One of the more interesting reports of this disorder appeared in an April 22 publication in the Journal of the American Medical Association, “Alterations in Smell or Taste in Mildly Symptomatic Outpatients with SARS-CoV-2 Infection.” In this study from Treviso Regional Hospital in Italy, 283 adult patients with mildly symptomatic COVID-19 were recruited over a four-day period in March. In a questionnaire administered during a telephone interview, 64.4% of the patients reported a sudden onset of an altered sense of smell or taste within two weeks before they tested positive for SARS-CoV-2.
To assess the severity of these symptoms a Sino-nasal Outcome Test 22 (SNOT-22) was used where a score of zero (0) indicates no symptoms through a score of five, which indicates as bad as it could be. The median SNOT-22 score of these COVID-19 patients was 4. If the results of this study are confirmed, the authors of this study suggest that consideration should be given to testing for COVID-19 and for self-isolation of patients who develop new onset of an altered taste or smell.
Through its spike protein, SARS-CoV-2 is now known to target cells in the lower respiratory tract that express ACE2 receptors. Relatively high levels of expression of this receptor are also found in the human olfactory epithelium, so in light of these findings, it’s perhaps not surprising that a loss of smell occurs in COVID-19, and because olfaction and taste are tightly linked, development of distorted taste may follow.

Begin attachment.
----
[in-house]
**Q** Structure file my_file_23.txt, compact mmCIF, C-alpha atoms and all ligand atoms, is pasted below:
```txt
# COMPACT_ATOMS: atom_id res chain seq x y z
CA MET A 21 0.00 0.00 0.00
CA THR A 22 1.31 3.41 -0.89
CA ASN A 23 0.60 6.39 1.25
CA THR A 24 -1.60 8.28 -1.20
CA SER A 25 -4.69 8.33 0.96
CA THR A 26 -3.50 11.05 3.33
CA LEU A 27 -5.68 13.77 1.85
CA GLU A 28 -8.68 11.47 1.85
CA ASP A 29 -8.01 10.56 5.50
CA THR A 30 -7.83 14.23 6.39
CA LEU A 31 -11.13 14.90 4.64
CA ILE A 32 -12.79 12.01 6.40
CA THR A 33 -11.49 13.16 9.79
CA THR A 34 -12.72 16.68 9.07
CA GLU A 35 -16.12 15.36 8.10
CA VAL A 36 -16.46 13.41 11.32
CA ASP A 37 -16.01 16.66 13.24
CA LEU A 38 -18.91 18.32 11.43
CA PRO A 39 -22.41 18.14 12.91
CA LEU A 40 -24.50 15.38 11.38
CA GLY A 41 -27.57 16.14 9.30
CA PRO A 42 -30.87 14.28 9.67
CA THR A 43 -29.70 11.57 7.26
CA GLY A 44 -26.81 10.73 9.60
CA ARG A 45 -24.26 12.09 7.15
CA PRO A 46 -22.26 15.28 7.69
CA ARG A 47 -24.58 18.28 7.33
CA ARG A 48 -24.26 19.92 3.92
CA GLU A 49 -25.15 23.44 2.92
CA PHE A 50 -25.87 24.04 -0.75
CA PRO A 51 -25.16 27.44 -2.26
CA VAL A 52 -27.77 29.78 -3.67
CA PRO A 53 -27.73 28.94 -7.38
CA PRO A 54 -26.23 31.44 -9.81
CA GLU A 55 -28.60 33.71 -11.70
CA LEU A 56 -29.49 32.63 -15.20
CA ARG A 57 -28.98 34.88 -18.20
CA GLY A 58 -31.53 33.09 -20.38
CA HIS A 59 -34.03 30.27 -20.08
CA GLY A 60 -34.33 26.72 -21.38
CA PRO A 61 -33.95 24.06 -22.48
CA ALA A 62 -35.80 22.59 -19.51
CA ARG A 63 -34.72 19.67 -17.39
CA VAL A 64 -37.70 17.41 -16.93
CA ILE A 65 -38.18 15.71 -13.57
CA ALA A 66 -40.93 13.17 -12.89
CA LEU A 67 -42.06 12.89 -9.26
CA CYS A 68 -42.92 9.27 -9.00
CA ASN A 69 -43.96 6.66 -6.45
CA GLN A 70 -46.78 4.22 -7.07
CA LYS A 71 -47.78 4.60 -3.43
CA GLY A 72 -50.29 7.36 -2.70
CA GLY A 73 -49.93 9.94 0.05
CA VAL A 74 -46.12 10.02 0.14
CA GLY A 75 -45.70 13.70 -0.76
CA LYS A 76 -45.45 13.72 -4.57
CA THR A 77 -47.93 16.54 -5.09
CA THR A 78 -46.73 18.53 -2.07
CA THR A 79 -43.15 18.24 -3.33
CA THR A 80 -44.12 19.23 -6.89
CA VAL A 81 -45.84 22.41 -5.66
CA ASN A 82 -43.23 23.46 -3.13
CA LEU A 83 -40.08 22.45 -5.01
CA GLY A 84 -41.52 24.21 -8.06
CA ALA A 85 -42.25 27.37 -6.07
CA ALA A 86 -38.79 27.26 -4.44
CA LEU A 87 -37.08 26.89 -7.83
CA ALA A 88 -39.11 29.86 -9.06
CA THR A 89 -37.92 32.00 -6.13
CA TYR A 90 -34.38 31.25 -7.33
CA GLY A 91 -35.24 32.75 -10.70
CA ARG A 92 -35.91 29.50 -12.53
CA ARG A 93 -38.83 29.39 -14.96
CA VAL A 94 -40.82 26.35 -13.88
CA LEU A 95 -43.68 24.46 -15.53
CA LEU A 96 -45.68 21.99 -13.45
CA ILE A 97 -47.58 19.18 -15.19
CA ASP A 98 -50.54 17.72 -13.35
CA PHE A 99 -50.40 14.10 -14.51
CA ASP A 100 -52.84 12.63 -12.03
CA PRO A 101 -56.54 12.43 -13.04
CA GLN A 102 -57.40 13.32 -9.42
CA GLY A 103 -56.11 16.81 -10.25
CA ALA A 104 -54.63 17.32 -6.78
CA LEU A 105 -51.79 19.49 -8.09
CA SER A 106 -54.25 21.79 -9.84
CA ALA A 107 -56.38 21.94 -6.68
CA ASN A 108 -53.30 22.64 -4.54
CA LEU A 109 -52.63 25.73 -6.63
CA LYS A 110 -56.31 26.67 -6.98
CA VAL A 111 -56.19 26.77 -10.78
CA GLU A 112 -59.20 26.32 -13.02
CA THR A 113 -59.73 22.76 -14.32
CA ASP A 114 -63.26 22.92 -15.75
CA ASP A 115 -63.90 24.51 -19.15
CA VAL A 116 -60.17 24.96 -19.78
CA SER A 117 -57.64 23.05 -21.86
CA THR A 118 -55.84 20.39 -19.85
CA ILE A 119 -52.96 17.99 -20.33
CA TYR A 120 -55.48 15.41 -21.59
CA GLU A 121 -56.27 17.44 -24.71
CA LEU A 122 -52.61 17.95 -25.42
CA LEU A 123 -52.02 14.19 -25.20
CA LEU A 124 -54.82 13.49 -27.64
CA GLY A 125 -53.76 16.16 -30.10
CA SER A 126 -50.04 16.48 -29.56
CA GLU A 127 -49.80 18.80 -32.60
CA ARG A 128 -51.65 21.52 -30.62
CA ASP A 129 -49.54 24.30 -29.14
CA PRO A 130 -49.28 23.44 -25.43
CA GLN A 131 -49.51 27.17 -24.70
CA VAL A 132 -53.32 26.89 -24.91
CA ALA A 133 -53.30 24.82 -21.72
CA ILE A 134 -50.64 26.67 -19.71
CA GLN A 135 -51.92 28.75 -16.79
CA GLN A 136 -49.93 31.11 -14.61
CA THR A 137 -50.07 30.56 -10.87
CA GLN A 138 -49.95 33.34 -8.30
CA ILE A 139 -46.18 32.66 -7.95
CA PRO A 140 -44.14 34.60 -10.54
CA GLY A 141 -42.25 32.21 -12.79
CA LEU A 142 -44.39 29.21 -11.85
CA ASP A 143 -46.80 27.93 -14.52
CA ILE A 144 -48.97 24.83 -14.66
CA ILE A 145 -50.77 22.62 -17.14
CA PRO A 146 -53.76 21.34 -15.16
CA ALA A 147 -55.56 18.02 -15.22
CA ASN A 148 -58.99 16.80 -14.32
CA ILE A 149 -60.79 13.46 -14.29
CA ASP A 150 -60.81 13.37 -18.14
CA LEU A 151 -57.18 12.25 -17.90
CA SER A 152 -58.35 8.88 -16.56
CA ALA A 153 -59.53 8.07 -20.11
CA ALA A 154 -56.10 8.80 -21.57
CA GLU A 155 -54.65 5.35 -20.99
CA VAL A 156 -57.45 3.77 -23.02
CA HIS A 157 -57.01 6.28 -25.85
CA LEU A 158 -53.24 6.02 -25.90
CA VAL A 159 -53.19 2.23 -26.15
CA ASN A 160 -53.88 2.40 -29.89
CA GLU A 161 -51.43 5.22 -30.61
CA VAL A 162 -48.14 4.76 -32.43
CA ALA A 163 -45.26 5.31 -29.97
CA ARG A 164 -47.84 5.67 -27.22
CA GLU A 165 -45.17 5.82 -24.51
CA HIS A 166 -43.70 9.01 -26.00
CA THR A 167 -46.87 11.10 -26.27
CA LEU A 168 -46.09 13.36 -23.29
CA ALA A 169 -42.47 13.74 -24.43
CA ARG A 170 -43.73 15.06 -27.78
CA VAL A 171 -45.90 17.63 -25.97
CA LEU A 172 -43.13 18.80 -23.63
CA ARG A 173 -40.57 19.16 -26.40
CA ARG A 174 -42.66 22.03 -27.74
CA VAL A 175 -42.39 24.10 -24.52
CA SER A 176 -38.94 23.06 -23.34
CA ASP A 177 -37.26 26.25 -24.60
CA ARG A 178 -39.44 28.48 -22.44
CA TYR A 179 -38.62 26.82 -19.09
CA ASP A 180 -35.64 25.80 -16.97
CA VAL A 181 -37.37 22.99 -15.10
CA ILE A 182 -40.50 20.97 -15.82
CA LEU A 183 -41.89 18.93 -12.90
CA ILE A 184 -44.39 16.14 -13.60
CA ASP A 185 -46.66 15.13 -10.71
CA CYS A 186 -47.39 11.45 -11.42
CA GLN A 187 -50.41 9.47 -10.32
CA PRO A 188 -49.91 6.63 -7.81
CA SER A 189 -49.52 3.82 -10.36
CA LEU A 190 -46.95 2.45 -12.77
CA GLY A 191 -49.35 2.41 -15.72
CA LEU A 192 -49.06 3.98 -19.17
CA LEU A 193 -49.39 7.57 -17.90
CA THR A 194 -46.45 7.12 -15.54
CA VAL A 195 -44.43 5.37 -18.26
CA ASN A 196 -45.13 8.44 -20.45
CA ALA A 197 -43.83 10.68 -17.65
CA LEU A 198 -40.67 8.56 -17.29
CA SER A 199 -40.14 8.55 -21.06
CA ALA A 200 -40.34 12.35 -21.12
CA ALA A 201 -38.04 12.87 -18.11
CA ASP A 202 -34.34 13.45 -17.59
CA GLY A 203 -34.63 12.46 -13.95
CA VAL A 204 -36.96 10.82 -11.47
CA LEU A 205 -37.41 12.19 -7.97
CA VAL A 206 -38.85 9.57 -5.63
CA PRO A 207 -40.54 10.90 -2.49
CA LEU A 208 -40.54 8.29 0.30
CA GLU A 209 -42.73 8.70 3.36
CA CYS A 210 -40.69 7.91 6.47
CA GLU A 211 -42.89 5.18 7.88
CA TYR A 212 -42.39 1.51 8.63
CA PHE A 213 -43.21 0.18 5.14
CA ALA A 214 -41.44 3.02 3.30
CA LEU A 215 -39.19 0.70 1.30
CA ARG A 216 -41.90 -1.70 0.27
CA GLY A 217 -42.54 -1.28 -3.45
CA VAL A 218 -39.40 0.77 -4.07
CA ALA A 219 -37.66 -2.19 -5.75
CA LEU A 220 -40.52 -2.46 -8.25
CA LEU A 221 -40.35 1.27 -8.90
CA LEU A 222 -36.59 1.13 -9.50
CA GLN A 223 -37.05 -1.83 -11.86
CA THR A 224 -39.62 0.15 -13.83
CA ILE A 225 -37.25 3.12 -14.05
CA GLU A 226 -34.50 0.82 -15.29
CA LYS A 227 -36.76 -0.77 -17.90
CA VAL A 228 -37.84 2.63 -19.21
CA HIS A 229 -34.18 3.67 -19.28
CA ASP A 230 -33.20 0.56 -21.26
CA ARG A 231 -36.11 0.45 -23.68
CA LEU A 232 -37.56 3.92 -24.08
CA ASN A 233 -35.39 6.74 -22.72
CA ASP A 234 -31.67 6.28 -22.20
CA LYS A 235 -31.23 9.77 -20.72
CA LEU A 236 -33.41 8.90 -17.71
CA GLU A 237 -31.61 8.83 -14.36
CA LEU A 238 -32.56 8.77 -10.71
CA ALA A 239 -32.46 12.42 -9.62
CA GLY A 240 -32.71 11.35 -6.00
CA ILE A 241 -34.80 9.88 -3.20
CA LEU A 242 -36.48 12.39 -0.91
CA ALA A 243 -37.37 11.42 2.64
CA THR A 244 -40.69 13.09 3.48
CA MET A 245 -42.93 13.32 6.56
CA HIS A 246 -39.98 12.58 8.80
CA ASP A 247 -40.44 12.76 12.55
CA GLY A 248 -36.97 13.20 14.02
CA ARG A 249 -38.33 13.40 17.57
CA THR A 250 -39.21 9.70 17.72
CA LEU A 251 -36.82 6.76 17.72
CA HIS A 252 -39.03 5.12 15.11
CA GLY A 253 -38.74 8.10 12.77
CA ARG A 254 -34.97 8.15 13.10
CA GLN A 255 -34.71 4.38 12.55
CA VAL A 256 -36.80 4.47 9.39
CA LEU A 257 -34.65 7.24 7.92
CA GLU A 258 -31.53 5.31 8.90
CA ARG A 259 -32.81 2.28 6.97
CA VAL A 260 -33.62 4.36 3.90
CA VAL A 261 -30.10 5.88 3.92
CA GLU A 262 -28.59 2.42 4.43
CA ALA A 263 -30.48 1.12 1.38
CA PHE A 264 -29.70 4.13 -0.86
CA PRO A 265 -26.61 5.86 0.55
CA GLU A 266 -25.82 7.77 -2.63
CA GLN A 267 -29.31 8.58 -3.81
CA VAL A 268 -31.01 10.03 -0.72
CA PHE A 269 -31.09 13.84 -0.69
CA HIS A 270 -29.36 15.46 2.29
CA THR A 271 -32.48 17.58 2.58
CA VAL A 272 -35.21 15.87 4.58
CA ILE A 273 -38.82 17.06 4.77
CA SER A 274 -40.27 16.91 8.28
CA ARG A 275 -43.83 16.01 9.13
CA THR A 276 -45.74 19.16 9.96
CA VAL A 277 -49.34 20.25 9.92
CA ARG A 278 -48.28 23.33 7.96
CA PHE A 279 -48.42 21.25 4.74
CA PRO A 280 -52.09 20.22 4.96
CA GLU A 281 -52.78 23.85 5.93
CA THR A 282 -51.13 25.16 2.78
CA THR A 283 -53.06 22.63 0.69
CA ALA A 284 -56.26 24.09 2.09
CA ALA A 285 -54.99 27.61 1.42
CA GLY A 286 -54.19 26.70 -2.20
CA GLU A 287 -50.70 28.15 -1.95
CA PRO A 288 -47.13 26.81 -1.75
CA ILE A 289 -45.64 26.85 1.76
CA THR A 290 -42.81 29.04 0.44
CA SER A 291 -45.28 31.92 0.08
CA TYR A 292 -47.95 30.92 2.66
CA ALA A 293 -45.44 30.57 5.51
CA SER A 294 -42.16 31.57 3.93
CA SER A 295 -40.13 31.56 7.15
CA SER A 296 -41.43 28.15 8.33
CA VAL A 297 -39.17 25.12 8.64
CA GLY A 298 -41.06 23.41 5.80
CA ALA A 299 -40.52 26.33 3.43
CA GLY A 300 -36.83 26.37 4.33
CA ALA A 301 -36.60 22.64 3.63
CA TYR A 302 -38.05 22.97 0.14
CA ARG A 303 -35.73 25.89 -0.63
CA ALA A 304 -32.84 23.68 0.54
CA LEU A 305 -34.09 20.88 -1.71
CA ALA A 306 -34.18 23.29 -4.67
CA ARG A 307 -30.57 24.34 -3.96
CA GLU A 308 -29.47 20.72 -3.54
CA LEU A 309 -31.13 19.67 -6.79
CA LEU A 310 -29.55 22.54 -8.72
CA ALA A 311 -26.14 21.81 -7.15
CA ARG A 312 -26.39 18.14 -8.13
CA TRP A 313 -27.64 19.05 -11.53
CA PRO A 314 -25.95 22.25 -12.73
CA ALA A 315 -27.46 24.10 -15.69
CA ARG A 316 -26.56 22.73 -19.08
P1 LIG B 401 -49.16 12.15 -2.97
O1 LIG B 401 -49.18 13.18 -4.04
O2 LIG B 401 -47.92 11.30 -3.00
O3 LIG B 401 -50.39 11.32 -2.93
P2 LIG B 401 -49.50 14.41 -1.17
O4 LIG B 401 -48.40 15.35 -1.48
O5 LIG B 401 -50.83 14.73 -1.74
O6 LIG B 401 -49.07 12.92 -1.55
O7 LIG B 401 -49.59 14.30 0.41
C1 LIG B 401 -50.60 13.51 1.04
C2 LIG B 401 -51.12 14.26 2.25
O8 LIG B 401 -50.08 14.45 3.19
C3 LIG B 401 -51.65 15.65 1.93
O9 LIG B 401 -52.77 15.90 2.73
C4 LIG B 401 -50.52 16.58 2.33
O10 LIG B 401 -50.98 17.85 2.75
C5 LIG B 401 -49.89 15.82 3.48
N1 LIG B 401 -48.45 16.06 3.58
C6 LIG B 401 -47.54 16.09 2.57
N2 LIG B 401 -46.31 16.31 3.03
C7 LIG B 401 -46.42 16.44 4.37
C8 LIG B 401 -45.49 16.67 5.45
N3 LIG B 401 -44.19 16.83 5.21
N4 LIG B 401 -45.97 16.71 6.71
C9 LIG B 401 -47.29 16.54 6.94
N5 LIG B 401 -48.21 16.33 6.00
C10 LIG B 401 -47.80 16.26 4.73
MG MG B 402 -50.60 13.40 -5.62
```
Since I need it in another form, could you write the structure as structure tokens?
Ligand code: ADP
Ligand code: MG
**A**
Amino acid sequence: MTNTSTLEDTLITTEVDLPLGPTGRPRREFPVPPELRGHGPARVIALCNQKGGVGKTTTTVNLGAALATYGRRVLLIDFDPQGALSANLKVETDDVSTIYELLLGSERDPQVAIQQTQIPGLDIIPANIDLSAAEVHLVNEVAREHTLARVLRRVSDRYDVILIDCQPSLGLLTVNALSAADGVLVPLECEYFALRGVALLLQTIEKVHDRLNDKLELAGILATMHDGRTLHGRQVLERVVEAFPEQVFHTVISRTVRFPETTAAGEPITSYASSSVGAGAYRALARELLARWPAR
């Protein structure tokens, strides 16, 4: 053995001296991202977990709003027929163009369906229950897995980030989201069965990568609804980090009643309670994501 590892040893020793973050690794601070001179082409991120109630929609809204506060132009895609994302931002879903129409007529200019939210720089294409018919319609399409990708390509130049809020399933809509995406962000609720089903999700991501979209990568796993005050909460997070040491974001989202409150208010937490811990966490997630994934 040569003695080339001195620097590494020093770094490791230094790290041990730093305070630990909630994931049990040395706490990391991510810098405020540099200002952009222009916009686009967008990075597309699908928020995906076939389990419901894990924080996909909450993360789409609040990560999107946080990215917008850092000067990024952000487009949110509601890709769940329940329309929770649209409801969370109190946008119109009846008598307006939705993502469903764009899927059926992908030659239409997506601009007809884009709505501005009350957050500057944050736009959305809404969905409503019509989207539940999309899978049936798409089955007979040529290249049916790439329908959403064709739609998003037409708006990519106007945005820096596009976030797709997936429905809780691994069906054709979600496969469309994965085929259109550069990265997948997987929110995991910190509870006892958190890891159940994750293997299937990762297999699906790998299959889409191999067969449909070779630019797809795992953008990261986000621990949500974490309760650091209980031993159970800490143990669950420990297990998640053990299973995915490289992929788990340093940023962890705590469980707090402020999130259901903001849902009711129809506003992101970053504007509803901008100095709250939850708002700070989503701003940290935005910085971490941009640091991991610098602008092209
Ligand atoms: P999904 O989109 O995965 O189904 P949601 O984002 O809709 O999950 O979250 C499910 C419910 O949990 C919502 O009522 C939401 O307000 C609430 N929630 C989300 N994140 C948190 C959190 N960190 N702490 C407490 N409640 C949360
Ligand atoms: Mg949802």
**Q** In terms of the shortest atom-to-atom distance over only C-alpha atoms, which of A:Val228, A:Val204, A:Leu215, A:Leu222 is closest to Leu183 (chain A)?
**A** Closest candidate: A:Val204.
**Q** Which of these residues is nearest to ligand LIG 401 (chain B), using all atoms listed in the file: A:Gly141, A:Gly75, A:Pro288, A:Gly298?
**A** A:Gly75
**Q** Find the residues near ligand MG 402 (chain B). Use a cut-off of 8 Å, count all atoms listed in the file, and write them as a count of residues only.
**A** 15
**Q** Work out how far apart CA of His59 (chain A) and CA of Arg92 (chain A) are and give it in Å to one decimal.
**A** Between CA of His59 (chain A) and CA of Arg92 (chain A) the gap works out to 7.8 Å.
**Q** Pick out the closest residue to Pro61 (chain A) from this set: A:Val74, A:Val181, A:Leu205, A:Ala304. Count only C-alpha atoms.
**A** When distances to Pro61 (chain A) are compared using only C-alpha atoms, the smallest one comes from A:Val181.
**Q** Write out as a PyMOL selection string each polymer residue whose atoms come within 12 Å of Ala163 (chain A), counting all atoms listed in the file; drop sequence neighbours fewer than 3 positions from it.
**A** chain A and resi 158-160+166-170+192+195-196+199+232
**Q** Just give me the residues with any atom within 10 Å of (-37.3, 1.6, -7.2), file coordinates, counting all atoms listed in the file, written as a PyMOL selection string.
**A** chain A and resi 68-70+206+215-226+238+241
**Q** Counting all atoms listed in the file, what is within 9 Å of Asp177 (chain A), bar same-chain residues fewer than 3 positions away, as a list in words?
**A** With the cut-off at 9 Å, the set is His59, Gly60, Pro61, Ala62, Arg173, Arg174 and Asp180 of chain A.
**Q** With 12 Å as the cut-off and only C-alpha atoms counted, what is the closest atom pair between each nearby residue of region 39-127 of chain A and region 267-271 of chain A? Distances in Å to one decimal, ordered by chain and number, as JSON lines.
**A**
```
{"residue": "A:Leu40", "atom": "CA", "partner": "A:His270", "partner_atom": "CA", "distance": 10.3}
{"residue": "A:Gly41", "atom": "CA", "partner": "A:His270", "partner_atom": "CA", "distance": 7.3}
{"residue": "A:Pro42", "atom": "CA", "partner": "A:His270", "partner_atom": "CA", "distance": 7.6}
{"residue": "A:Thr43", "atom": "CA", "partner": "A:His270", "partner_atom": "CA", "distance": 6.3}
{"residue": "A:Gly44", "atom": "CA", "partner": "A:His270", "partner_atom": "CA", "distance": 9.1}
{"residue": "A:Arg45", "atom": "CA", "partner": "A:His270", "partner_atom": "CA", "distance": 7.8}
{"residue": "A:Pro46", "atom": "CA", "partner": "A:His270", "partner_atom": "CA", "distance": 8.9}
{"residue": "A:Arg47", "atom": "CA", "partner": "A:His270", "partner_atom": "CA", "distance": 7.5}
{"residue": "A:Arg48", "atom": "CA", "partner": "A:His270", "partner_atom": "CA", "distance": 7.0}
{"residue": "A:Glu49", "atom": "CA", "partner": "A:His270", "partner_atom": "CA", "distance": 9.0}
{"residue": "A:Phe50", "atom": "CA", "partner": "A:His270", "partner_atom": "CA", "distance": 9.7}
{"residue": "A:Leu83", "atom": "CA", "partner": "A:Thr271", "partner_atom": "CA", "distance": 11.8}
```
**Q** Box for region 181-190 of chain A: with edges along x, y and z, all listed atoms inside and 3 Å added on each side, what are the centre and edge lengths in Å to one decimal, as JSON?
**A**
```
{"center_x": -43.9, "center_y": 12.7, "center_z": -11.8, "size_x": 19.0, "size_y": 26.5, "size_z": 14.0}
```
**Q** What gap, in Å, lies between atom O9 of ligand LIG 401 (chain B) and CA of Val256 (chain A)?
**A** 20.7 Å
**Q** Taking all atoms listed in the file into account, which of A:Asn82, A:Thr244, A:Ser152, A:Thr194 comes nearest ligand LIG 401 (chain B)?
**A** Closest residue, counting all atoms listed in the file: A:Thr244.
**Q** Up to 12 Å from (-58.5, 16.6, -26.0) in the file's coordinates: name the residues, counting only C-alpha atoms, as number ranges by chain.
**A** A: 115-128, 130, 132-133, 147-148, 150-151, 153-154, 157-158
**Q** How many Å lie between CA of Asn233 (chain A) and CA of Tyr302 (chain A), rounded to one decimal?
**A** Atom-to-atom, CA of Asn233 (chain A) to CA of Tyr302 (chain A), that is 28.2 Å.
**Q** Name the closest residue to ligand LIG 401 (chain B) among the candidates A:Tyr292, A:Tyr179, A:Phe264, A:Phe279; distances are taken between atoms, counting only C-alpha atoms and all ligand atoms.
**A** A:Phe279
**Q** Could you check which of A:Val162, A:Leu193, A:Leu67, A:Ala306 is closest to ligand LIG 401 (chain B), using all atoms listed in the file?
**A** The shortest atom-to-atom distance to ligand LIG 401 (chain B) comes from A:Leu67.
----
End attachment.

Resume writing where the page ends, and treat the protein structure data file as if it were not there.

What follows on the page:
On the topic of the sense of smell, in an April 29 New York Post article, “Dogs could ‘revolutionize’ coronavirus testing by sniffing out the disease,” research is described at the University of Pennsylvania and London School of Hygiene & Tropical Medicine in which dogs are being trained to detect the odor of SARS-CoV-2 in saliva and urine samples. While this might seem far-fetched, the average dog’s nose is tens of thousands of times more sensitive to odors than ours, and as you know, dogs are frequently used to sniff out minute amounts of all kinds of things, including contraband at airports. And incredibly, dogs have been trained to sniff out a variety of cancers and Parkinson’s disease, as well as another infectious disease—malaria.